Life of Pi
London, Walker, 2010, 319p
I feel like I am cheating slightly. I have been ill for the last few days, so I am drawing on my past reading experience to write this review. My apologies, but a review of this excellent novel had to be written eventually.
I love reading because I love discovering new things. I love to be able to escape the everyday and indulge in a different world or another life. I am a dreamer. And this novel allowed me to dream.
The Life of Pi is the story of a boy who loses his family in a shipwreck, and ends up drifting across the ocean on a small life boat. The twist? His only companion is a Bengal tiger. It is a really unusual story that sucks you right in. I found myself completely suspending my disbelief and allowing this tale to drown me.
It is visually incredible - Martel takes you into a world you never knew existed. The first section of the novel, in which the protagonist, Piscine, describes his home and upbringing in India, is beautiful and engaging. Martel is detailed and thorough, and you learn more about zoology than you ever thought you would be interested in.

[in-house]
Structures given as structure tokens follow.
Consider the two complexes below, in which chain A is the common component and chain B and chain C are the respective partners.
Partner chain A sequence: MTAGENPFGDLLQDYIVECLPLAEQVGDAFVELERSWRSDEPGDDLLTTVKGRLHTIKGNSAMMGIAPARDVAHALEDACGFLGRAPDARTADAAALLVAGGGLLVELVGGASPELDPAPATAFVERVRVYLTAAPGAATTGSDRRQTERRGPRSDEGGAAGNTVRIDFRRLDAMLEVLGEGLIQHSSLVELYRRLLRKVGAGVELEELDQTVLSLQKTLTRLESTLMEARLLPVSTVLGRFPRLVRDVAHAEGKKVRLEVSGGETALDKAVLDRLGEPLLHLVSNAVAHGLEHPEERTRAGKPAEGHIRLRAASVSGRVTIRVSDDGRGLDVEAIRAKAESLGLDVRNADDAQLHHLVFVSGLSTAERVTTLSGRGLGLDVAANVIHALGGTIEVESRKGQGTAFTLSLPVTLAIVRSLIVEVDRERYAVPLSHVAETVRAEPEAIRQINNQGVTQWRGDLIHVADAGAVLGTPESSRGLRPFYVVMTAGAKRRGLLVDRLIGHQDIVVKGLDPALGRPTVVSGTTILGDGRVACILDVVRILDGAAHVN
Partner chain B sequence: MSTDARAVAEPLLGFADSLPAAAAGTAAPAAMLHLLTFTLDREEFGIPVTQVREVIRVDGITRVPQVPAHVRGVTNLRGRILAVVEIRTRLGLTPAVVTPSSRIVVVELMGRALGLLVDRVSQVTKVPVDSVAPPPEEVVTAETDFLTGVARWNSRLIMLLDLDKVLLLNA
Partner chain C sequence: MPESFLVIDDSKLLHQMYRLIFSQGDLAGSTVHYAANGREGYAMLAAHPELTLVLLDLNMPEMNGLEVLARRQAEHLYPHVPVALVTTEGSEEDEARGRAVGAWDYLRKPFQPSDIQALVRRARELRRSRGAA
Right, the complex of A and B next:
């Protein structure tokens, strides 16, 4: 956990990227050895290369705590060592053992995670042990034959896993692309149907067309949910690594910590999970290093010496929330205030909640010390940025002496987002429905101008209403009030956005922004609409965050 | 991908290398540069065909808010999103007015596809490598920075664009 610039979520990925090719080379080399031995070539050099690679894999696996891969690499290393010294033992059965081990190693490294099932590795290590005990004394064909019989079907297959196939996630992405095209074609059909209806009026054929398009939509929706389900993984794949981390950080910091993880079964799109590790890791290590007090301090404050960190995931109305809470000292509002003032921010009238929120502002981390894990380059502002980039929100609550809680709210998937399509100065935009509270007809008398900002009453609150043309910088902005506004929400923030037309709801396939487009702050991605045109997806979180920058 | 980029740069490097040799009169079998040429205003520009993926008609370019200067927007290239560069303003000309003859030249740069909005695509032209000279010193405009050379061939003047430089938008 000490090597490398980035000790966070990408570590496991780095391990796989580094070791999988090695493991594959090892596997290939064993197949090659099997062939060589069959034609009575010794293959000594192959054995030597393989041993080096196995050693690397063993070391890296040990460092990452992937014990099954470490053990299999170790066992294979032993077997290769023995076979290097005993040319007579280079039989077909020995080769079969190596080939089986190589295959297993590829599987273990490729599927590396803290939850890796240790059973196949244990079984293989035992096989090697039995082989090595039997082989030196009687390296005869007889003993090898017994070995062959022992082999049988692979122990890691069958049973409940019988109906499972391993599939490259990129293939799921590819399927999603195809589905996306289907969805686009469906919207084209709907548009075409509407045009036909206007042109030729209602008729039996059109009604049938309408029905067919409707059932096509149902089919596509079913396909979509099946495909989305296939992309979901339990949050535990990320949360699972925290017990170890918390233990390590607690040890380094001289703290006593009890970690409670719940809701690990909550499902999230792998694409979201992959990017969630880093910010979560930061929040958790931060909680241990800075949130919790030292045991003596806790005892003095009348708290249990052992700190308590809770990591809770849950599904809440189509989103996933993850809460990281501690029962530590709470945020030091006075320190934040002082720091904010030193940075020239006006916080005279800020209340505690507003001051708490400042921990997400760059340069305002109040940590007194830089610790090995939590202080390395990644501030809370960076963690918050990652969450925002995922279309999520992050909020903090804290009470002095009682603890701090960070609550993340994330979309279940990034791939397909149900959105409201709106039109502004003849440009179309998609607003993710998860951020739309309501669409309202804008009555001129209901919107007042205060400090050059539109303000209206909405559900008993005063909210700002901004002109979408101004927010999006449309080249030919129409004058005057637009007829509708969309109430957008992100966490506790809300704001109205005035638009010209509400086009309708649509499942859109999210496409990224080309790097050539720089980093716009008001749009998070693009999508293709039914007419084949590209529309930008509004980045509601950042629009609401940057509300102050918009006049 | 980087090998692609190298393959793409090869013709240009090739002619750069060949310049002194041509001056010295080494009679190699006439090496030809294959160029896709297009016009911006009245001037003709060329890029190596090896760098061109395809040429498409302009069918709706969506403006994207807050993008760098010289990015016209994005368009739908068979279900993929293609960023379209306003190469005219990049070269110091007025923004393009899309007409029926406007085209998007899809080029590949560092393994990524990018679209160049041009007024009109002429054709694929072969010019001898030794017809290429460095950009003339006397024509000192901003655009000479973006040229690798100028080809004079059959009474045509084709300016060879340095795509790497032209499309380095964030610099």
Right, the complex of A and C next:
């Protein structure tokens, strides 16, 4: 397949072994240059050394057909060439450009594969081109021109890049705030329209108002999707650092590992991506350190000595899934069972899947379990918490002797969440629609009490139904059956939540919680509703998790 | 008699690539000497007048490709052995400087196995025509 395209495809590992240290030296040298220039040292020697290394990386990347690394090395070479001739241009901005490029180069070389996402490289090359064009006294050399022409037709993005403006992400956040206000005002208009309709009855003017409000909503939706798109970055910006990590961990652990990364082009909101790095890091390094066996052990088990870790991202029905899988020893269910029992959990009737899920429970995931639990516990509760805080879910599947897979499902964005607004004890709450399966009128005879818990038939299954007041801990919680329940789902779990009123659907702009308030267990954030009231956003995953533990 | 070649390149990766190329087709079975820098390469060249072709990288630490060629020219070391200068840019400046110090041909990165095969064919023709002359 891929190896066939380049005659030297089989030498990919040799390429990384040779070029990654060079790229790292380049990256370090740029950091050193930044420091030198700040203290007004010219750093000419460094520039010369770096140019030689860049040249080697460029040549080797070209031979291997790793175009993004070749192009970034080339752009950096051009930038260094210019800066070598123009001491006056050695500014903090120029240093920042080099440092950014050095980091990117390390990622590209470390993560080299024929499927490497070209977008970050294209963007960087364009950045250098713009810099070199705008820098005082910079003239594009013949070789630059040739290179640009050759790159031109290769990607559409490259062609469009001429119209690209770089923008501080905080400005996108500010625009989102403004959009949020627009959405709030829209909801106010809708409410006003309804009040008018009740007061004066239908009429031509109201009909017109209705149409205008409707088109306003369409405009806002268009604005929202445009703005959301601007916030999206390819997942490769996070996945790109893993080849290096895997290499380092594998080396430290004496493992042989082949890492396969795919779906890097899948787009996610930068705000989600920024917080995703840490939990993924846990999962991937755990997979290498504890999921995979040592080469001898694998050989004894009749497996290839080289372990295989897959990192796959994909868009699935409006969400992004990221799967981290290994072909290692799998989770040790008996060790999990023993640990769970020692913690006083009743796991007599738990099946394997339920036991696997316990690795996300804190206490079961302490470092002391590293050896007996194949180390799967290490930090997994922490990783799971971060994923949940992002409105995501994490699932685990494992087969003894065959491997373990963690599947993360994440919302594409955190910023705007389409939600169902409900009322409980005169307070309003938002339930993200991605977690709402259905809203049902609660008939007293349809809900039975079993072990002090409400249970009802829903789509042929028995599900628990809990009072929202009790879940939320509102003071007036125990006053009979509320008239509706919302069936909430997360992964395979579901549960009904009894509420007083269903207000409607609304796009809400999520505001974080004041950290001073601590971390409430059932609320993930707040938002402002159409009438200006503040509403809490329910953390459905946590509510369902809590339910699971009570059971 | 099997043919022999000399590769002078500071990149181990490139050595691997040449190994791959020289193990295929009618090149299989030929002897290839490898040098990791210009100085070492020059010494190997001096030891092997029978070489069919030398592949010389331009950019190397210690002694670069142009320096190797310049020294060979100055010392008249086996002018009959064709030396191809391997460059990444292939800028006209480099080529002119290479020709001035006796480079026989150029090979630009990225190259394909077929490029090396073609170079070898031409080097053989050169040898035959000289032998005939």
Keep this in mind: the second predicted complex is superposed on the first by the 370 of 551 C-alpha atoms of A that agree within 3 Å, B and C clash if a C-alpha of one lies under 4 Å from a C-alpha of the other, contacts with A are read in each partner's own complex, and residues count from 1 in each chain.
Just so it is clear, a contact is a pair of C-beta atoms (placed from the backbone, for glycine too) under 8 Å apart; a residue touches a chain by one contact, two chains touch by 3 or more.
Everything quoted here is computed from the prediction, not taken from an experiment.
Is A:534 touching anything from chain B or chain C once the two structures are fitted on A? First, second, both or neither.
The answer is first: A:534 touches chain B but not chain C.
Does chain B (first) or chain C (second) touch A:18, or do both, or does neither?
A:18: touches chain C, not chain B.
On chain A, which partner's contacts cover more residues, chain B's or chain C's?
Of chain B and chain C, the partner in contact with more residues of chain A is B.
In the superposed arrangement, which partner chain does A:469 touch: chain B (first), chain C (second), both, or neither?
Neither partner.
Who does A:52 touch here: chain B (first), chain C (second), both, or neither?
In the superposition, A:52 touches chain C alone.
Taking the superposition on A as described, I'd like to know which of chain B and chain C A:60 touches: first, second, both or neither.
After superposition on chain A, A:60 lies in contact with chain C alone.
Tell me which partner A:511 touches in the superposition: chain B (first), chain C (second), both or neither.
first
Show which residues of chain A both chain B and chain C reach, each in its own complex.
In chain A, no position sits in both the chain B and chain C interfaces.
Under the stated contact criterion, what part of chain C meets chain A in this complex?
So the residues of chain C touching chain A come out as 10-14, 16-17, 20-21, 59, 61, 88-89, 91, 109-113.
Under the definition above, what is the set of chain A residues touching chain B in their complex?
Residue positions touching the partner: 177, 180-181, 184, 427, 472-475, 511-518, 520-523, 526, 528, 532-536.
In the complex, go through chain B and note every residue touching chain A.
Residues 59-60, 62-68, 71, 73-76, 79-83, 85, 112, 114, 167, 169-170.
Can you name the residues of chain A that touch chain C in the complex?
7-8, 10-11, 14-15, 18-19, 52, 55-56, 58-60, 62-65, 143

Then, Martel takes you on the voyage over the seas, with the Bengal tiger and the teenage boy. I don't believe any author has created such an unique and invigorating world. You never question the reality of Pi's story - not until he makes you question it at the end. But I won't ruin it for you.
I have a slight problem with the fact that this book has been so strongly associated with religion - in fact, I heard about it through my parent's church book club, and initially dismissed it for this reason. The authors note states that this story "will make me believe in God", but I feel differently. This novel made me believe in the power of the written word. Language, description, imagination - they are the forces at work here.
I am torn over the upcoming film adaptation of The Life of Pi, as I am with most film adaptations. This novel spoke volumes to me - it inspired my imagination to flourish. I am not convinced that a film can do this in the same way a novel can... but equally, I am open to see what the directors have done with Martel's story.